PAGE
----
Kevin Pho – As we continue to fight against VIDOC we must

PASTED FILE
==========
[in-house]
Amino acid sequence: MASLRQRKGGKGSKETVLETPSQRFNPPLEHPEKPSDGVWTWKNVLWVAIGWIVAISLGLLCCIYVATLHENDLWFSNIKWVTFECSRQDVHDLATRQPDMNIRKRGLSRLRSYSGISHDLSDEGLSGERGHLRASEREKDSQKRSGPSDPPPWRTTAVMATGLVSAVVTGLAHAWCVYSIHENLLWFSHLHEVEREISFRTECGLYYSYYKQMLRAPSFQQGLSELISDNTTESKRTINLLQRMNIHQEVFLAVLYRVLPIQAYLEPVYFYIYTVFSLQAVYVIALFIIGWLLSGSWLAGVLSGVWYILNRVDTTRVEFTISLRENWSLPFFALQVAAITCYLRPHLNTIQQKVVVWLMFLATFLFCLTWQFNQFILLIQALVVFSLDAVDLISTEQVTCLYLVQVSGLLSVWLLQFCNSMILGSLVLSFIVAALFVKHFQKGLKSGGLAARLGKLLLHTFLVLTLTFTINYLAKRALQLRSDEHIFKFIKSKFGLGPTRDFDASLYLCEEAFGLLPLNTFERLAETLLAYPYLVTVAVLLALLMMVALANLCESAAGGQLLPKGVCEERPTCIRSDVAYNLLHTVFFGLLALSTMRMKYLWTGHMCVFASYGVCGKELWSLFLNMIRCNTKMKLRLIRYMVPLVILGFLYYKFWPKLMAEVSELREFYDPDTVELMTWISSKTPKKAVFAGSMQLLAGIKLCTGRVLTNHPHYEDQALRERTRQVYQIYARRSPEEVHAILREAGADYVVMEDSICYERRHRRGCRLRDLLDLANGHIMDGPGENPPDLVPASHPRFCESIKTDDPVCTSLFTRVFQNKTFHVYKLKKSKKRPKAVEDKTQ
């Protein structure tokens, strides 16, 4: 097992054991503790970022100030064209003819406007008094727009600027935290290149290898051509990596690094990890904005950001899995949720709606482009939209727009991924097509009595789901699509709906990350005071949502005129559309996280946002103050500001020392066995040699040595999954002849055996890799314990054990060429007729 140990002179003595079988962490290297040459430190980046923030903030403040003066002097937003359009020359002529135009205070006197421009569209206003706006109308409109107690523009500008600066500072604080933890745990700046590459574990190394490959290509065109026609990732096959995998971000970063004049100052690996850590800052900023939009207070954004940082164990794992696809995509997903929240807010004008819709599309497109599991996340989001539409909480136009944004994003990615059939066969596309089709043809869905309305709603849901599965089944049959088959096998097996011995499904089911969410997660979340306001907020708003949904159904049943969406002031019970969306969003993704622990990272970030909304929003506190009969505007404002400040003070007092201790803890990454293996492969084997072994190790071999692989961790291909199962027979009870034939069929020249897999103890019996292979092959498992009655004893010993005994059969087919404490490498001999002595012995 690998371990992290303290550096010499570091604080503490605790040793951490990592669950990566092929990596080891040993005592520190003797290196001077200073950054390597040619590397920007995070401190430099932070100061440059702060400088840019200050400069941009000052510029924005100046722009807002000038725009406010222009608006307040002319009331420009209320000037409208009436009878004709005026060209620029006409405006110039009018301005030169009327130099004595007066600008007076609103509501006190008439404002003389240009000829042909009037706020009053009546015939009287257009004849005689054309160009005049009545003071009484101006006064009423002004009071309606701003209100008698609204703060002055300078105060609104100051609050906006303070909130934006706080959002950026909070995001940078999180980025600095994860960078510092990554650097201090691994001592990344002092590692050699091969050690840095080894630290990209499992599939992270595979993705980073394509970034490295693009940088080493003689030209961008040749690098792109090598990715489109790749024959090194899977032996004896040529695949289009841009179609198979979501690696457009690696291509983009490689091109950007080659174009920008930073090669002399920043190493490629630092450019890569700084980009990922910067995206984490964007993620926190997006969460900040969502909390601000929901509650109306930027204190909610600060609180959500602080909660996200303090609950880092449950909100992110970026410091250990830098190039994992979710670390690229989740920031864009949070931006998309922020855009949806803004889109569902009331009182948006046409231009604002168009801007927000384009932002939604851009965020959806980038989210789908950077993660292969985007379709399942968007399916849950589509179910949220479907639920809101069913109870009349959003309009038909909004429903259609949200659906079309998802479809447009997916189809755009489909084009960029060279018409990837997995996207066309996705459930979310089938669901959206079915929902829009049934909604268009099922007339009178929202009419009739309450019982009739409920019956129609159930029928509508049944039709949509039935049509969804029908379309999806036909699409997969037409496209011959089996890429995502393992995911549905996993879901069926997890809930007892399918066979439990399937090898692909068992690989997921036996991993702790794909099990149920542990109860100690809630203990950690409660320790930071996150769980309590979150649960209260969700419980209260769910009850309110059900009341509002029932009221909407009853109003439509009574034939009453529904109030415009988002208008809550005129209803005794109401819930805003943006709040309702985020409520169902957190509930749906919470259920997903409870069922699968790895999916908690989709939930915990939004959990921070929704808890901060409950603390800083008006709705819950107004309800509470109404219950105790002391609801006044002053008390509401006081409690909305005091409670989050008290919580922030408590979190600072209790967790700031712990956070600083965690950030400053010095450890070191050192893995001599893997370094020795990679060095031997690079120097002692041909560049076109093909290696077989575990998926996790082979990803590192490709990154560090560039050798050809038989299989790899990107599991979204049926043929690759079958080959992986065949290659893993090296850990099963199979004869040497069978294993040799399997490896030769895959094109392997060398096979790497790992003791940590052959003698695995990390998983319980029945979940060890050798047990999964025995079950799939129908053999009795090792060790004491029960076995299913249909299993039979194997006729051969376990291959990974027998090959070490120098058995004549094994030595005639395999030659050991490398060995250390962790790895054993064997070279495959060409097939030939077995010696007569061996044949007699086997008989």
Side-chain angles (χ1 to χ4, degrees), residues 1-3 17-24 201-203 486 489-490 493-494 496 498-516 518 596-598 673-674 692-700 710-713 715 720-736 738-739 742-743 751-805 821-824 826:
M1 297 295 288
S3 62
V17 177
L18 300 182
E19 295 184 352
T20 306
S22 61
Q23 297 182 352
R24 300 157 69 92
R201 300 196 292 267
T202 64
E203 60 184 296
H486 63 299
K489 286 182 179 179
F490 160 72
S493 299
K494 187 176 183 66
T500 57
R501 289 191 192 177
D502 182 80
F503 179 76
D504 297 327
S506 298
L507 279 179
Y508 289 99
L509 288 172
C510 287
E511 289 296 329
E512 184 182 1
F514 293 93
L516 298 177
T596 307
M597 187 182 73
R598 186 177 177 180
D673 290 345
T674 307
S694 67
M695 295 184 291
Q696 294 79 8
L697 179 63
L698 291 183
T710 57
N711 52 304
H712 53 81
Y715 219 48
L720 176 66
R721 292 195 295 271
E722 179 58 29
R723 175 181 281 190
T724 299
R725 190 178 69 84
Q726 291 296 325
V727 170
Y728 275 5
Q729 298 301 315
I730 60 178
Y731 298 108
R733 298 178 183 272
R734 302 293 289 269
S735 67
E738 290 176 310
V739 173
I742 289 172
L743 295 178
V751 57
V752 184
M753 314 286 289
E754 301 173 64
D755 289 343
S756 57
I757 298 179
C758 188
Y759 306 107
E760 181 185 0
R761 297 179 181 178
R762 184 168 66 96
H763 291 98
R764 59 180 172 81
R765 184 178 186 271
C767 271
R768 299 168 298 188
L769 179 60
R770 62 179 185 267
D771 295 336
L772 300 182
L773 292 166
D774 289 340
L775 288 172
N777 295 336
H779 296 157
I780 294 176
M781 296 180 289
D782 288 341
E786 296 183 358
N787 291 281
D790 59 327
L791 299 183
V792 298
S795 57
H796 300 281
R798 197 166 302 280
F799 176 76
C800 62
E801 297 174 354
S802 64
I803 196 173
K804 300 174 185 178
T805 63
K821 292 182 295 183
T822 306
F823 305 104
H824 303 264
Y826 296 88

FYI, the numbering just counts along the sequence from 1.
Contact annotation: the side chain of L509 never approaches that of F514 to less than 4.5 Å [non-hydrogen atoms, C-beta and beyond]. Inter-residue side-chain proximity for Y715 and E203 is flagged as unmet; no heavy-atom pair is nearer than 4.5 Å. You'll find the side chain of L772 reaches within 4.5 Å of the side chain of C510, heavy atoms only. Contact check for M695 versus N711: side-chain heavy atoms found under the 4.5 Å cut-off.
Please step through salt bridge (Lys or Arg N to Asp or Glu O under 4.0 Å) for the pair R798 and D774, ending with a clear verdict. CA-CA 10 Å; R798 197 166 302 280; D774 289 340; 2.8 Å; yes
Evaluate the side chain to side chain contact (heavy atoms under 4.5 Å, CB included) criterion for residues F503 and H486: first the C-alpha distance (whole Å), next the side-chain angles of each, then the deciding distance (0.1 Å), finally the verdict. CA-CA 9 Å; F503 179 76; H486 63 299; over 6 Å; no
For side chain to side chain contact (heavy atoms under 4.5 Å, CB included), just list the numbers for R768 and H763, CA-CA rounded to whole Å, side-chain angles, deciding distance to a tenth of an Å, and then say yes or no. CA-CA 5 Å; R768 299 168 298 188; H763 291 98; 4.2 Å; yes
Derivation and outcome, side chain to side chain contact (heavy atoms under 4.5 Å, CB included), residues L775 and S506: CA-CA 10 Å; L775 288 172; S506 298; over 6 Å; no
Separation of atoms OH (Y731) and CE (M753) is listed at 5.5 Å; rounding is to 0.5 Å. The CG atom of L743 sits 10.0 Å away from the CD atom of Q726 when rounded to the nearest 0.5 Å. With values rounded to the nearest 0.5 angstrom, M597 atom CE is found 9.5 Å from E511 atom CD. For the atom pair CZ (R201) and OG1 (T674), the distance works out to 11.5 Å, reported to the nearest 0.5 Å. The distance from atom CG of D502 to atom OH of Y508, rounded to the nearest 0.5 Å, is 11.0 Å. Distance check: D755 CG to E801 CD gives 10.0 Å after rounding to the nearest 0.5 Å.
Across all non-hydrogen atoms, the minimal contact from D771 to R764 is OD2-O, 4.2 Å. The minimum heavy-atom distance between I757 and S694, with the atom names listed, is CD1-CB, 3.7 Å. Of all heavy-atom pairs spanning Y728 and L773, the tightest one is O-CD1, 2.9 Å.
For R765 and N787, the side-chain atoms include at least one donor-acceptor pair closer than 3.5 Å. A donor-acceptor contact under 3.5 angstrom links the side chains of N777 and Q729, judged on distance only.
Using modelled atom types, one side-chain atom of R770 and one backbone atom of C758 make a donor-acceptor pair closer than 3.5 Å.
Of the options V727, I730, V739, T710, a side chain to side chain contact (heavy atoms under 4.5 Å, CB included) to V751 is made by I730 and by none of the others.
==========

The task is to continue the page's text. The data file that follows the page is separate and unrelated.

As we continue to fight against VIDOC, we must all remember to take care of our own mental health, our own care, whether we are health professionals or patients. From the stories I have heard from many mothers, it is important to remember that we never know what is underneath the surface of the mothers we see, whether in the clinic, at the grocery store or on the sidewalk when they walk in the neighborhood. It is scary to come to the hospital to visit a seriously ill child, even without VIDOC. Kevin® Founded in 2004 by Dr. Kevin Fo, Kevin® is a leading online platform where doctors, senior students, nurses, medical students and patients share their visions and stories. Yes, they took his temperature, and when he was hospitalized, they did a VIDOC test, which may have been sensitive enough to detect a case. And since he has other children at home, he has to share his time, and his own body is still recovering from a birth that could have been traumatic or an emergency. No one wants babies or mothers to get sick because of VIDOC, but we must also remember that there are new mothers and babies, some of whom have to survive at home without support. As a reproductive psychiatrist, I try to put myself in my patient’s place, to imagine what pressure she is under, who can support her at home and beyond the necessary medication – what therapy, self care, what strategies she will use. But it has to be the most exciting day, your first child, and you are not even sure if your mother and best friend can come and see your baby through VIDOC. Crying about stillbirth or losing your baby seems unbearably difficult with VIDOC. It may feel less like childbirth because everyone in the hospital risks getting VIDOC somewhere in their head. We all expect that mental health will deteriorate as a result of VIDOC and confinement. But there is one group of patients who bravely endure this fear of going to hospital, even if they are perfectly healthy: pregnant women who are about to give birth. The stories that patients tell can be filled with fear, anxiety, sadness, despair or hope.

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